Zack Greinke is “a longshot” to be ready for Opening Day

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Zack Greinke’s sore elbow has made him “a longshot” to be ready for Opening Day, according to Dylan Hernandez of the Los Angeles Times.

Even if he avoids any further elbow problems Greinke is running out of time to have more than one or two spring training starts before the season begins. Two early off days on the schedule mean the Dodgers won’t need a fifth starter until April 13, so Hernandez speculates that Greinke could begin the season on the disabled list.

Not exactly how you’d like a six-year, $147 million contract to start out, but the good news at least is that Greinke has been cleared to resume throwing already and it doesn’t sound like the Dodgers consider his elbow problems to be serious.

Scott Feldman underwent season-ending knee surgery

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The Reds announced on Tuesday that starter Scott Feldman underwent season-ending arthroscopic surgery on his right knee. The right-hander was placed on the disabled list with knee inflammation on Friday.

Feldman, 34, made 21 starts this season, posting a 4.77 ERA with a 93/35 K/BB ratio in 111 1/3 innings. He’s a free agent after the season but may have to settle for a minor league deal going into 2018 given his age and recent injury woes.

MLB to implement code of conduct for fans next year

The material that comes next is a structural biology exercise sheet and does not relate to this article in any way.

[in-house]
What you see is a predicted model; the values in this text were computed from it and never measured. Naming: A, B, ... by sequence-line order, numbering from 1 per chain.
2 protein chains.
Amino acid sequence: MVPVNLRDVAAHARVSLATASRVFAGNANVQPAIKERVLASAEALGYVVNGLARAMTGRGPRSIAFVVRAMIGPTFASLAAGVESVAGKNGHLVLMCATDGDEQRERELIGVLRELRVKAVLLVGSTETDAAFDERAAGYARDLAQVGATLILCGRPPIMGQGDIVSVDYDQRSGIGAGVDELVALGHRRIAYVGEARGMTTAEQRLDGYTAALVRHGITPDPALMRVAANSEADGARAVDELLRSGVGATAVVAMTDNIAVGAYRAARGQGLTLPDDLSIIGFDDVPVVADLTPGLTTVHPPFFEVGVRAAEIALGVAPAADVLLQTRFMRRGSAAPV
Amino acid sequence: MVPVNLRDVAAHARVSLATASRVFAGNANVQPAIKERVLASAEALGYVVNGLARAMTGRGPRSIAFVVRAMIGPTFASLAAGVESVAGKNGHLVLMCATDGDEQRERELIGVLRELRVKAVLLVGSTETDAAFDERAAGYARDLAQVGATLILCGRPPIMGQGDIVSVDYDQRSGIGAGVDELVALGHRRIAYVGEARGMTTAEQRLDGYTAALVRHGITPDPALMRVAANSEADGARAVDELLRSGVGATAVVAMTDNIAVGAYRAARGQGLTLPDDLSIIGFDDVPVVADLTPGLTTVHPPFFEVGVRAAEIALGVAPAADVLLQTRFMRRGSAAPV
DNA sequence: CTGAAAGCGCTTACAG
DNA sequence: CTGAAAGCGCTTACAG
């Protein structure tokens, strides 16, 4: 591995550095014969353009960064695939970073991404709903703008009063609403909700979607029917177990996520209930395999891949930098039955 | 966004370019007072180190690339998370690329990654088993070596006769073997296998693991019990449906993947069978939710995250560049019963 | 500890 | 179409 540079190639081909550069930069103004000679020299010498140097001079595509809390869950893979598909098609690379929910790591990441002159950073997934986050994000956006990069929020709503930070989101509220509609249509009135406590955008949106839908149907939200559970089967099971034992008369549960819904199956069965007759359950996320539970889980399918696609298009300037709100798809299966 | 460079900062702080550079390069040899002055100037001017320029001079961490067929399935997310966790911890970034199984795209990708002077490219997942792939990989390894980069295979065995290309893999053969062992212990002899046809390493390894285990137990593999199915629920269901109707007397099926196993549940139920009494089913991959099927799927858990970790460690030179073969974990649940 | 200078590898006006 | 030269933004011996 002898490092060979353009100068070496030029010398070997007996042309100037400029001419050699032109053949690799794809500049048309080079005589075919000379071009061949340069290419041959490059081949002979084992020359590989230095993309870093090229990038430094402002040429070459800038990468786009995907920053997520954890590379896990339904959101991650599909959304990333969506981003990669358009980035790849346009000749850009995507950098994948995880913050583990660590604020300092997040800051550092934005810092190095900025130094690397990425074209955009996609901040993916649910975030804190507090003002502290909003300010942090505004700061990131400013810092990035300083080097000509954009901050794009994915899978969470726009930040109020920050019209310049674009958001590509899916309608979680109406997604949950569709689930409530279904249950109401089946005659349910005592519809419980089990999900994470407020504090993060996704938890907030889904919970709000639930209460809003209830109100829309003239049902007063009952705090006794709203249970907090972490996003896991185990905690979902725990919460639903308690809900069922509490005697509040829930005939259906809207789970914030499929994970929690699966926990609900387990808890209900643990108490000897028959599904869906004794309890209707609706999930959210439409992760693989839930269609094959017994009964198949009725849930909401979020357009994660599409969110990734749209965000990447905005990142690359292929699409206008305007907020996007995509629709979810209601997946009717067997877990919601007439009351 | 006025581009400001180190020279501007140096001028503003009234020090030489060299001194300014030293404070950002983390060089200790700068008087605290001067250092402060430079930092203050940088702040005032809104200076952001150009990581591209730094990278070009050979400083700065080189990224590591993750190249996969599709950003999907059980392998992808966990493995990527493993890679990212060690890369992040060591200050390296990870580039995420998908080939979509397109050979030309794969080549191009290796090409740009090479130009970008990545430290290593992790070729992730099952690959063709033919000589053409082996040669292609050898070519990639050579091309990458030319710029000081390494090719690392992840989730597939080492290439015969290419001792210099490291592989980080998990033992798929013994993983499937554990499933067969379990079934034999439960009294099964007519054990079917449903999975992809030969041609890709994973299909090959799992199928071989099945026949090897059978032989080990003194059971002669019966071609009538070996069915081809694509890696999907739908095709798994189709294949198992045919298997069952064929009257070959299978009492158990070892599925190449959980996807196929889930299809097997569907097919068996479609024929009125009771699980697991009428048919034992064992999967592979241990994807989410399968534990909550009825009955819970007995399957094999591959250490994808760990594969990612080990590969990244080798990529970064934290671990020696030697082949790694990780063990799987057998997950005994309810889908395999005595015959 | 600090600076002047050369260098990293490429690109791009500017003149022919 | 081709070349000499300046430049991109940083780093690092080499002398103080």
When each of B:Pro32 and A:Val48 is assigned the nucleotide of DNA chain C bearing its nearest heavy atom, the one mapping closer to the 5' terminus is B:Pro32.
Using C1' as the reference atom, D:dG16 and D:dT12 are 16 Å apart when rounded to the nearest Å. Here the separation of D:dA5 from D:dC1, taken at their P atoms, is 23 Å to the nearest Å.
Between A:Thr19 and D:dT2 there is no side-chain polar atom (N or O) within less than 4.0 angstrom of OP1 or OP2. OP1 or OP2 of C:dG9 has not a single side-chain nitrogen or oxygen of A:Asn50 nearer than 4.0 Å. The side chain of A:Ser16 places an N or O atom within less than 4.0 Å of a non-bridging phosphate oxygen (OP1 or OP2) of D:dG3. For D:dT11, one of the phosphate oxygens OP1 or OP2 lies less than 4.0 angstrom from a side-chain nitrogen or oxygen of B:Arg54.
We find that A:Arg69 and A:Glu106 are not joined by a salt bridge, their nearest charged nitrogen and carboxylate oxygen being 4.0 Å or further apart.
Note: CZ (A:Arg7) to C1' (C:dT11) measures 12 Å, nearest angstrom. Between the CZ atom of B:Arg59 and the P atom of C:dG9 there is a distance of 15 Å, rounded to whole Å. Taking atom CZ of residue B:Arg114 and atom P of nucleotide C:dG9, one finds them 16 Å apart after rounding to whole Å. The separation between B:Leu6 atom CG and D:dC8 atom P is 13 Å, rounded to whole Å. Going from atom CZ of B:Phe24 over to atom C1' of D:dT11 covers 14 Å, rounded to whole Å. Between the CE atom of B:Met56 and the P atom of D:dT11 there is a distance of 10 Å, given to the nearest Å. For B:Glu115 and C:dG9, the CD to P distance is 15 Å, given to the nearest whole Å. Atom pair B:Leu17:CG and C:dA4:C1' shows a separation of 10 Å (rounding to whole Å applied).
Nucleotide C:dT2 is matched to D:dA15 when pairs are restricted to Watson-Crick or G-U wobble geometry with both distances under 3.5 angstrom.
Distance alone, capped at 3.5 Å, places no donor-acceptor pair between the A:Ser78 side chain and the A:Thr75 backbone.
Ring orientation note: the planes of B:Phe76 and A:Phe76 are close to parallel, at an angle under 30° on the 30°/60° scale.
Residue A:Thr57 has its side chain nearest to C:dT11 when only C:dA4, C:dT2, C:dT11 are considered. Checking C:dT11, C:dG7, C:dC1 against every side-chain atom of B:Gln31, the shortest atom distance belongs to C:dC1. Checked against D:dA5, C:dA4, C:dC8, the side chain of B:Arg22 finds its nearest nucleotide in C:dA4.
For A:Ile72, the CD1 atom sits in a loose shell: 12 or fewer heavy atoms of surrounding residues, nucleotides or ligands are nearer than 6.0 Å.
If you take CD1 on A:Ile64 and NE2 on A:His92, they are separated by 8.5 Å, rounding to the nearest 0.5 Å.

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Following an embarrassing scene at Fenway Park earlier this year in which Orioles outfielder Adam Jones was taunted with racial slurs and had peanuts thrown at him, Major League Baseball will implement a universal code of conduct for fans at major league ballparks starting next season, ESPN’s Scott Lauber reports.

MLB spokesman Michael Teevan said, “We are working with the clubs on security and fan conduct initiatives at all of our ballparks. We will be issuing a league-wide fan code of conduct for the 2018 season.”

As Lauber notes, every team has its own code of conduct but some are more thorough than others. The Red Sox added “hate speech” to their code of conduct after the Jones incident and Major League Baseball, unsurprisingly, wants to make sure fans at every ballpark are clear on what behaviors will and will not be tolerated.

Since the Jones incident, Major League Baseball has been encouraging teams to be more inclusive, though Kennedy clarified that “there’s not been any directive or mandate.”